Washington Times: “FBI agents can’t point to any major terrorism cases they’ve cracked thanks to the key snooping powers in the Patriot Act, the Justice Department’s inspector general said in a report Thursday that could complicate efforts to keep key parts of the law operating.”
The Baltimore Sun: “The Baltimore Police Department has instituted a new policy that prohibits officers from stopping people from taping or photographing police actions, the agency said Wednesday. The new rules were unveiled as the city agreed to pay $250,000 to settle a lawsuit filed by a man who says police seized his cellphone and deleted the video of an arrest at the Preakness Stakes in 2010.
New York Times: “For at least six years, law enforcement officials working on a counternarcotics program have had routine access, using subpoenas, to an enormous AT&T database that contains the records of decades of Americans’ phone calls — parallel to but covering a far longer time than the National Security Agency’s hotly disputed collection of phone call logs. . . . The government pays AT&T to place its employees in drug-fighting units around the country. Those employees sit alongside Drug Enforcement Administration agents and local detectives and supply them with the phone data from as far back as 1987.”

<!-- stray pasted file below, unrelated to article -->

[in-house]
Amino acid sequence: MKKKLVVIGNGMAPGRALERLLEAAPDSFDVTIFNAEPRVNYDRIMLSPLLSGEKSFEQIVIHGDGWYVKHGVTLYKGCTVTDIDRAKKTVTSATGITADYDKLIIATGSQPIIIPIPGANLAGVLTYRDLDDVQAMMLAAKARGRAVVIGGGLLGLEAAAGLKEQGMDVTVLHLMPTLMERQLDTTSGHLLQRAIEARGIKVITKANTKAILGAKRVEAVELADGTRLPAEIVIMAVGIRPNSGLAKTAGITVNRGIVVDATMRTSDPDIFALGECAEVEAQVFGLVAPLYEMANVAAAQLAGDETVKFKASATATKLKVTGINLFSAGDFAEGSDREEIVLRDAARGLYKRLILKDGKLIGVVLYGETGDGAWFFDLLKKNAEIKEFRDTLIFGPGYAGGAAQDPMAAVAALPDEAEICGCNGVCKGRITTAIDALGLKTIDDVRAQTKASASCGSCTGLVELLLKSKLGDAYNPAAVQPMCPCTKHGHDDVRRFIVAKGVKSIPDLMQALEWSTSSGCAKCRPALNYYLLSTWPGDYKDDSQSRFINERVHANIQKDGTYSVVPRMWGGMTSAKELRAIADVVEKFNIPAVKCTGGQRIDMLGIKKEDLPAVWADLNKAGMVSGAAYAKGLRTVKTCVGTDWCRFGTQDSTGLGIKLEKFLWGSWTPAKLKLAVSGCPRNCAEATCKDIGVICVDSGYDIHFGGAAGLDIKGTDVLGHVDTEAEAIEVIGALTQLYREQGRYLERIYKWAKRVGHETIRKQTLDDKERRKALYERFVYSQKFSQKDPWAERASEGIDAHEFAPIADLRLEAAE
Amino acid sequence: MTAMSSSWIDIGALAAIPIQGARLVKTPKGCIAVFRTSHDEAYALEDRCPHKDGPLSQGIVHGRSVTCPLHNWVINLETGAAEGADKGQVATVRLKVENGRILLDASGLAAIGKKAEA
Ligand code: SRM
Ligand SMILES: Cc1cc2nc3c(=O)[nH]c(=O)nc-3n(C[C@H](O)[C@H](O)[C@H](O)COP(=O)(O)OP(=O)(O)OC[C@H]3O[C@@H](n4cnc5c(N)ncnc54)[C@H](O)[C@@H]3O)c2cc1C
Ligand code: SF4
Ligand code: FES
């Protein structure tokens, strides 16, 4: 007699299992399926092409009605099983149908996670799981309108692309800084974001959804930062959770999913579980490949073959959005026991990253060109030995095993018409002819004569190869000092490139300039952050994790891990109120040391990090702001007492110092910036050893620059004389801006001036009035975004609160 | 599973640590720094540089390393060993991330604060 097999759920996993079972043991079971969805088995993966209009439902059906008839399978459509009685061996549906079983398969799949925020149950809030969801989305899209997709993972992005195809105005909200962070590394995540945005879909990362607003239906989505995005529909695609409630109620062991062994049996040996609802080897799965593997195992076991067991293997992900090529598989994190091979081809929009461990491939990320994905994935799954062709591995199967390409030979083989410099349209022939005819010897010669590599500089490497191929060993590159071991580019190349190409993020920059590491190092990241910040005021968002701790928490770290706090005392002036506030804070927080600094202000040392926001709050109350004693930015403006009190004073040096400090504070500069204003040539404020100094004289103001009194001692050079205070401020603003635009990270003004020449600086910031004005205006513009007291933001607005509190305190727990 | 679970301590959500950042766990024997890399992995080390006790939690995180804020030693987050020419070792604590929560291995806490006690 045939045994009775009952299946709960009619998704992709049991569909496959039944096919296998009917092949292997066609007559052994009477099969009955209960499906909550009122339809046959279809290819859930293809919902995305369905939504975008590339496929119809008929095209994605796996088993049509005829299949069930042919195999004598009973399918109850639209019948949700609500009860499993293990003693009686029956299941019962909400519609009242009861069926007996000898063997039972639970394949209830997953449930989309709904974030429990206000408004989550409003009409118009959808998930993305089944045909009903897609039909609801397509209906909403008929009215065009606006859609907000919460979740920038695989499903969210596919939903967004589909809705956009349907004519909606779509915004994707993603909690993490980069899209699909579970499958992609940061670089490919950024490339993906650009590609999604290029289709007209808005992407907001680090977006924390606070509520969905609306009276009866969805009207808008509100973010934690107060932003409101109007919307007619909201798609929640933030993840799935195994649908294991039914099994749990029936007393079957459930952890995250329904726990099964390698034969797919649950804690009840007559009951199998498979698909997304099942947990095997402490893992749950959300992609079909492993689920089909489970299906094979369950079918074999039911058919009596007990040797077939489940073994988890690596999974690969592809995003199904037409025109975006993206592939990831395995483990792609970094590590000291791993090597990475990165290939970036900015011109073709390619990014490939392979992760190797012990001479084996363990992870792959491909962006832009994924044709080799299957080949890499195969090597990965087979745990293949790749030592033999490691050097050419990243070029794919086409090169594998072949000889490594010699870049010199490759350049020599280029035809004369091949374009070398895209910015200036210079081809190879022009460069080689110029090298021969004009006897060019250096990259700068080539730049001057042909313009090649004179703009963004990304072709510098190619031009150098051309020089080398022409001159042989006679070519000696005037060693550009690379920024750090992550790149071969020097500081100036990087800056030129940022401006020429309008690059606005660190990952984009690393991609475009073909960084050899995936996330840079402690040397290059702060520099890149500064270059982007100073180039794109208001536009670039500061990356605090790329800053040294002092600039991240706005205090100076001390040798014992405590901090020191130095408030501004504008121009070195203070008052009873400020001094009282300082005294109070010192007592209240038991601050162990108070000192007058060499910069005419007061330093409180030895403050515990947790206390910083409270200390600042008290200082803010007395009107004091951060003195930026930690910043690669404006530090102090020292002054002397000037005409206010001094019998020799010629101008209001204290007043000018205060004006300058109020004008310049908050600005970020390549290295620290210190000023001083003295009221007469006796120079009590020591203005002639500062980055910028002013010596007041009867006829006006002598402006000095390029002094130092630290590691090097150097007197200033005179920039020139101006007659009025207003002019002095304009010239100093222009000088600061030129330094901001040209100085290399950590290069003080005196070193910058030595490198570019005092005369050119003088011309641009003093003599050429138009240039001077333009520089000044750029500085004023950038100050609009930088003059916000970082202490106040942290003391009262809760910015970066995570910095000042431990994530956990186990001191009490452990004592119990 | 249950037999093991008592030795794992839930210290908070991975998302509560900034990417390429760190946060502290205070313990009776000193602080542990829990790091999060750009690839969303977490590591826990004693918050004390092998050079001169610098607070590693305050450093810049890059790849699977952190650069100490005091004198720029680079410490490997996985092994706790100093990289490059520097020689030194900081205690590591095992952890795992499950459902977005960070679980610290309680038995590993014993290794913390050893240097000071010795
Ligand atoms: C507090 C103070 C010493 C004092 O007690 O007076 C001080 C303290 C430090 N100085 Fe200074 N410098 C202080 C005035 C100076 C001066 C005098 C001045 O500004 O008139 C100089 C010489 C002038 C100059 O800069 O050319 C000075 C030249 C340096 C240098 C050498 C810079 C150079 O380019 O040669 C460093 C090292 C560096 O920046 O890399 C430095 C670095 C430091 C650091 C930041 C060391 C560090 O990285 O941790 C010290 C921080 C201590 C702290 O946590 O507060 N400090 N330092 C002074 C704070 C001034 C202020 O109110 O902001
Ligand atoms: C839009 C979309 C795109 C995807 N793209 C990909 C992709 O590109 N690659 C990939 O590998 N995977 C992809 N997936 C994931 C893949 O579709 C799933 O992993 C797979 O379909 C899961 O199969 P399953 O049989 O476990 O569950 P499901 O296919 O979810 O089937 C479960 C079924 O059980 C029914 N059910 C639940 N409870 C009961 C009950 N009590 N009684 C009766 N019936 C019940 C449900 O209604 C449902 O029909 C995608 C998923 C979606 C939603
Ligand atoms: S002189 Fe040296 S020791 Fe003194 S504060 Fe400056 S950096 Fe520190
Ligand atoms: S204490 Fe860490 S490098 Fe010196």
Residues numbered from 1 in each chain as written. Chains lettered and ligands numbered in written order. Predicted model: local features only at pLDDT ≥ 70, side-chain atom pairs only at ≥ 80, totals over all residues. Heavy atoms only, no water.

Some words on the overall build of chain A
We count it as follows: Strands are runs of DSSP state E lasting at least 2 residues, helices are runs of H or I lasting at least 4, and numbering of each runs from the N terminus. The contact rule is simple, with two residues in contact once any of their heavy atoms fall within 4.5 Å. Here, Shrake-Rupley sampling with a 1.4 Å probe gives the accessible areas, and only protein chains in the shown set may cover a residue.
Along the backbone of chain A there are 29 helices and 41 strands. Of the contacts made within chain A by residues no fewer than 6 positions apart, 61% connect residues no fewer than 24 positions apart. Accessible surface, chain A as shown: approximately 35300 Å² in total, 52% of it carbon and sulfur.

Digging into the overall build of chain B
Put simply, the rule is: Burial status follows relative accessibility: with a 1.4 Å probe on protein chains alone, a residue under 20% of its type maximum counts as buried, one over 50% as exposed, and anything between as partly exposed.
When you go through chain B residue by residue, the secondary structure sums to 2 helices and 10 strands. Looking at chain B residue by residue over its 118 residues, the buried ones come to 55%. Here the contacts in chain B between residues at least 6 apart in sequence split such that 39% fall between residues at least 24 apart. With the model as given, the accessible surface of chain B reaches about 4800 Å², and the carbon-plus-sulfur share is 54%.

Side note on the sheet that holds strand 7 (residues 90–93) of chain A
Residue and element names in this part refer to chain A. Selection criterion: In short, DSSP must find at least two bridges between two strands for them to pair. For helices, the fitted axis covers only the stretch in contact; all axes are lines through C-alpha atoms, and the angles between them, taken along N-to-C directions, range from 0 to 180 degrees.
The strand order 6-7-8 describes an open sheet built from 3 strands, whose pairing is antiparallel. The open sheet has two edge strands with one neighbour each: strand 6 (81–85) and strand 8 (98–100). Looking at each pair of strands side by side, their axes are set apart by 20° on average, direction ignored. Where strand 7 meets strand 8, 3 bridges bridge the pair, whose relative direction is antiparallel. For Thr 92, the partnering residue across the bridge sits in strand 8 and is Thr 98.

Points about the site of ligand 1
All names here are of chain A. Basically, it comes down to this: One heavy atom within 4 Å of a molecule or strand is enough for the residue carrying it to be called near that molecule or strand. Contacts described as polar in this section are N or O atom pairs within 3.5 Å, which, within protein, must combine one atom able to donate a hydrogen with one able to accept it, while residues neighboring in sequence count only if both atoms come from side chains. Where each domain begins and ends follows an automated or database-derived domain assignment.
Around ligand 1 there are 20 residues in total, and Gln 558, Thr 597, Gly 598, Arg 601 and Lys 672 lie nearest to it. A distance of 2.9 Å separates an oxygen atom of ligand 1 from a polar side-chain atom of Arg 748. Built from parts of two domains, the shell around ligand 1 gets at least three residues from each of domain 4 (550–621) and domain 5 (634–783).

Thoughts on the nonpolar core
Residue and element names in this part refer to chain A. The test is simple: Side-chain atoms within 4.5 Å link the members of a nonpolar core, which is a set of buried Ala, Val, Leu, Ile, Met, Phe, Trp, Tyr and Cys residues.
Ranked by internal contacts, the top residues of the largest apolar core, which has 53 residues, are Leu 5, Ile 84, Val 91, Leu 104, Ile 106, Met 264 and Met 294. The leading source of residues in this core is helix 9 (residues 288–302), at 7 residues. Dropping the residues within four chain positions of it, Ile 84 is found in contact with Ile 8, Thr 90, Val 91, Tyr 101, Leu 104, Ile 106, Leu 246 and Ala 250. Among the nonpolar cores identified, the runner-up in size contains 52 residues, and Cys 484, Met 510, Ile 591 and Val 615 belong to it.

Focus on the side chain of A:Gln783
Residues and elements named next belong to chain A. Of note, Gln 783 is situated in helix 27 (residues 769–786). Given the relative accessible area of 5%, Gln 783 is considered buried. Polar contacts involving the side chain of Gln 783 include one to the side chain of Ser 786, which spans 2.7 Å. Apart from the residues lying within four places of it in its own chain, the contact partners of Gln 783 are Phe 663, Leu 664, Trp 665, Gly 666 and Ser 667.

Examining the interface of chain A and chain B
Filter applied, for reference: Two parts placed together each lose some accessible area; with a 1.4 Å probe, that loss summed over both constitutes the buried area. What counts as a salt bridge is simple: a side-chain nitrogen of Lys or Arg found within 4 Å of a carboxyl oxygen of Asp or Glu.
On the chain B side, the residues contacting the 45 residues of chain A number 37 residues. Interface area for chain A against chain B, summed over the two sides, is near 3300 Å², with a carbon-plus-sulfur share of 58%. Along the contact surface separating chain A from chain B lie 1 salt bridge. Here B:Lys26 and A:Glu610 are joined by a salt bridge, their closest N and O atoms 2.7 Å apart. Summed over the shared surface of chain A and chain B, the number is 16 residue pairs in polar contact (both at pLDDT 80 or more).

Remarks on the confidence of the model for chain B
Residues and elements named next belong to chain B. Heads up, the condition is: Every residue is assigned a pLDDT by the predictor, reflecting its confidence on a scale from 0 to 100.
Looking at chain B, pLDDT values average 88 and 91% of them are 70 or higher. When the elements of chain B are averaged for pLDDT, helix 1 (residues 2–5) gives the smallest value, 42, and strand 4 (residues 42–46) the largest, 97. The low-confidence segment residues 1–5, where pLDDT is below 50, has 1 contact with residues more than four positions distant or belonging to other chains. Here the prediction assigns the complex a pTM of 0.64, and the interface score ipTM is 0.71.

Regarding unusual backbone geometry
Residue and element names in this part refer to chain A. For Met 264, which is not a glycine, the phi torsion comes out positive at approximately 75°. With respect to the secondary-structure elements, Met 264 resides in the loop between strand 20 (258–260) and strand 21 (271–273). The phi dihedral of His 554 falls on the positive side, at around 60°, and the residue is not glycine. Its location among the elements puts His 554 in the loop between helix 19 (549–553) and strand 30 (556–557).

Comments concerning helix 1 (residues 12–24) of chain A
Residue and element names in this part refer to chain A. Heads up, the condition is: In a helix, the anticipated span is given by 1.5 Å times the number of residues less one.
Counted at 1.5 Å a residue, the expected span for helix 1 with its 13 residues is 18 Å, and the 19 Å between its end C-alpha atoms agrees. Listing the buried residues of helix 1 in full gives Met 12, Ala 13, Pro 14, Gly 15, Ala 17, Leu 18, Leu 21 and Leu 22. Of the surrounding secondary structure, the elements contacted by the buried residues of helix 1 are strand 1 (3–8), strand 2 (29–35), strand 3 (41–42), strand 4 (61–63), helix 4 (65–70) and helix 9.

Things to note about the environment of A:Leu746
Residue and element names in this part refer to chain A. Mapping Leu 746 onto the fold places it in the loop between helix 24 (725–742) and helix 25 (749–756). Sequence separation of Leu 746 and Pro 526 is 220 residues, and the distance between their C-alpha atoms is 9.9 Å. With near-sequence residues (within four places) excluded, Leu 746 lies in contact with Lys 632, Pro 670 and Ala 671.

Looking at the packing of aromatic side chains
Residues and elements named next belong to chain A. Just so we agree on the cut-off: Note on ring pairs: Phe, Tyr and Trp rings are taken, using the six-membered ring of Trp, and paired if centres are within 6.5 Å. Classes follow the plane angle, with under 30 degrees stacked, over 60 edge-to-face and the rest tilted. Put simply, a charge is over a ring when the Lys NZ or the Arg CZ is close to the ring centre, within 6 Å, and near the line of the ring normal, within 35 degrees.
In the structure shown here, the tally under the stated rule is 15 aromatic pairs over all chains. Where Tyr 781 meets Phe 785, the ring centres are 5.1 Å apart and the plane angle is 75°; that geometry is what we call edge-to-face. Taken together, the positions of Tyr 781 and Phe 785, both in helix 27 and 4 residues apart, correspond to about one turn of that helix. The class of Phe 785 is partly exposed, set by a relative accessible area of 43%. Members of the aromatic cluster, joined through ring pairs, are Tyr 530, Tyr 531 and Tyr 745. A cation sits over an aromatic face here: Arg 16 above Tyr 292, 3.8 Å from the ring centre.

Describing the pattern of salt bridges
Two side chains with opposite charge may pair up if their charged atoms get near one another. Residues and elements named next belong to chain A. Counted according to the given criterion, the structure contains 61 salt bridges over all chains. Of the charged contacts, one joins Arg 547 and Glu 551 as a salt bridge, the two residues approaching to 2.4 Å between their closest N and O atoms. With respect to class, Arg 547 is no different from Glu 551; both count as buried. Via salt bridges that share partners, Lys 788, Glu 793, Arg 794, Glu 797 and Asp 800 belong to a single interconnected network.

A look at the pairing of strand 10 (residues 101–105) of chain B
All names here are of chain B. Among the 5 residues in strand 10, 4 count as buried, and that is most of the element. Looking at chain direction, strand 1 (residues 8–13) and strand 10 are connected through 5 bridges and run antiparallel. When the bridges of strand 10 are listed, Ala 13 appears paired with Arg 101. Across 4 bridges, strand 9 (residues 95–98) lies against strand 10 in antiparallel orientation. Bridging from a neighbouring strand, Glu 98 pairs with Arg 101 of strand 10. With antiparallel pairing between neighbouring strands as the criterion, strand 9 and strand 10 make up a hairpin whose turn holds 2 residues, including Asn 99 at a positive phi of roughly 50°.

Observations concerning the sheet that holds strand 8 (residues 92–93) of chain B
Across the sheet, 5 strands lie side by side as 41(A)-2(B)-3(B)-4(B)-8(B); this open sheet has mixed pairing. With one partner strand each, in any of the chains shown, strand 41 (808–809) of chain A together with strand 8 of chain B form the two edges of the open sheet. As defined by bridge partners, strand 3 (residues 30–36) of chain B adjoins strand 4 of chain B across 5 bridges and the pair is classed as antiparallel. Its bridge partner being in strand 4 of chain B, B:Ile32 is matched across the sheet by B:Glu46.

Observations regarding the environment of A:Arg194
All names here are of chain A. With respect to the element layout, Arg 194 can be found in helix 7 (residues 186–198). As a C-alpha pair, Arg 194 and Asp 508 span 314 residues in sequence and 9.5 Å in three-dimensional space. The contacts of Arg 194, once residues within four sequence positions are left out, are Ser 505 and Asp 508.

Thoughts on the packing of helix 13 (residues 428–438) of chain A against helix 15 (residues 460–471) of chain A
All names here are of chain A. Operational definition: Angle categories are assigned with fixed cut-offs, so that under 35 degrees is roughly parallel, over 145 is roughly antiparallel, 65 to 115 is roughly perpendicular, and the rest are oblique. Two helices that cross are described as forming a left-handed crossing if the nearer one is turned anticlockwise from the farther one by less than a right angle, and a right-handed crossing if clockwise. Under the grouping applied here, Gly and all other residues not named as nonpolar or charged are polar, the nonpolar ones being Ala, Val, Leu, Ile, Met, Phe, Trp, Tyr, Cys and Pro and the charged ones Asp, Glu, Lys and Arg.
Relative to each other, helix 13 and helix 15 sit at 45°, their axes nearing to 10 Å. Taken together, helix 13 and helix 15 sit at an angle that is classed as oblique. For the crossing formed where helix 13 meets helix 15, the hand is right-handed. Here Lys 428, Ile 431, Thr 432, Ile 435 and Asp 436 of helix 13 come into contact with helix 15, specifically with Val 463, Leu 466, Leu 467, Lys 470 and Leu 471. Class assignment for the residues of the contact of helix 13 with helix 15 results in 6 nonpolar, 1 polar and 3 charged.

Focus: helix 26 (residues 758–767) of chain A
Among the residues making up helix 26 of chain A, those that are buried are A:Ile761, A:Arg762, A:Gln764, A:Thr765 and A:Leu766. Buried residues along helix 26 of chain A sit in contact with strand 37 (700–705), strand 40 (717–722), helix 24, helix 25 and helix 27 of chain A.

Mail Online: “Test ‘reveals Facebook, Twitter and Google snoop on emails‘: Study of net giants spurs new privacy concerns. Facebook, Twitter and Google have been caught snooping on messages sent across their networks, new research claims, prompting campaigners to express concerns over privacy. The findings emerged from an experiment conducted following revelations by US security contractor Edward Snowden about government snooping on internet accounts.”
CBS Los Angeles: “The Glendale Unified School District has hired a Hermosa Beach company to monitor public social media posts made by its students to find out when teens are in trouble or causing it. Superintendent Richard Sheehan said Geo Listening is analyzing the posts of 13,000 students at eight Glendale middle and high schools.”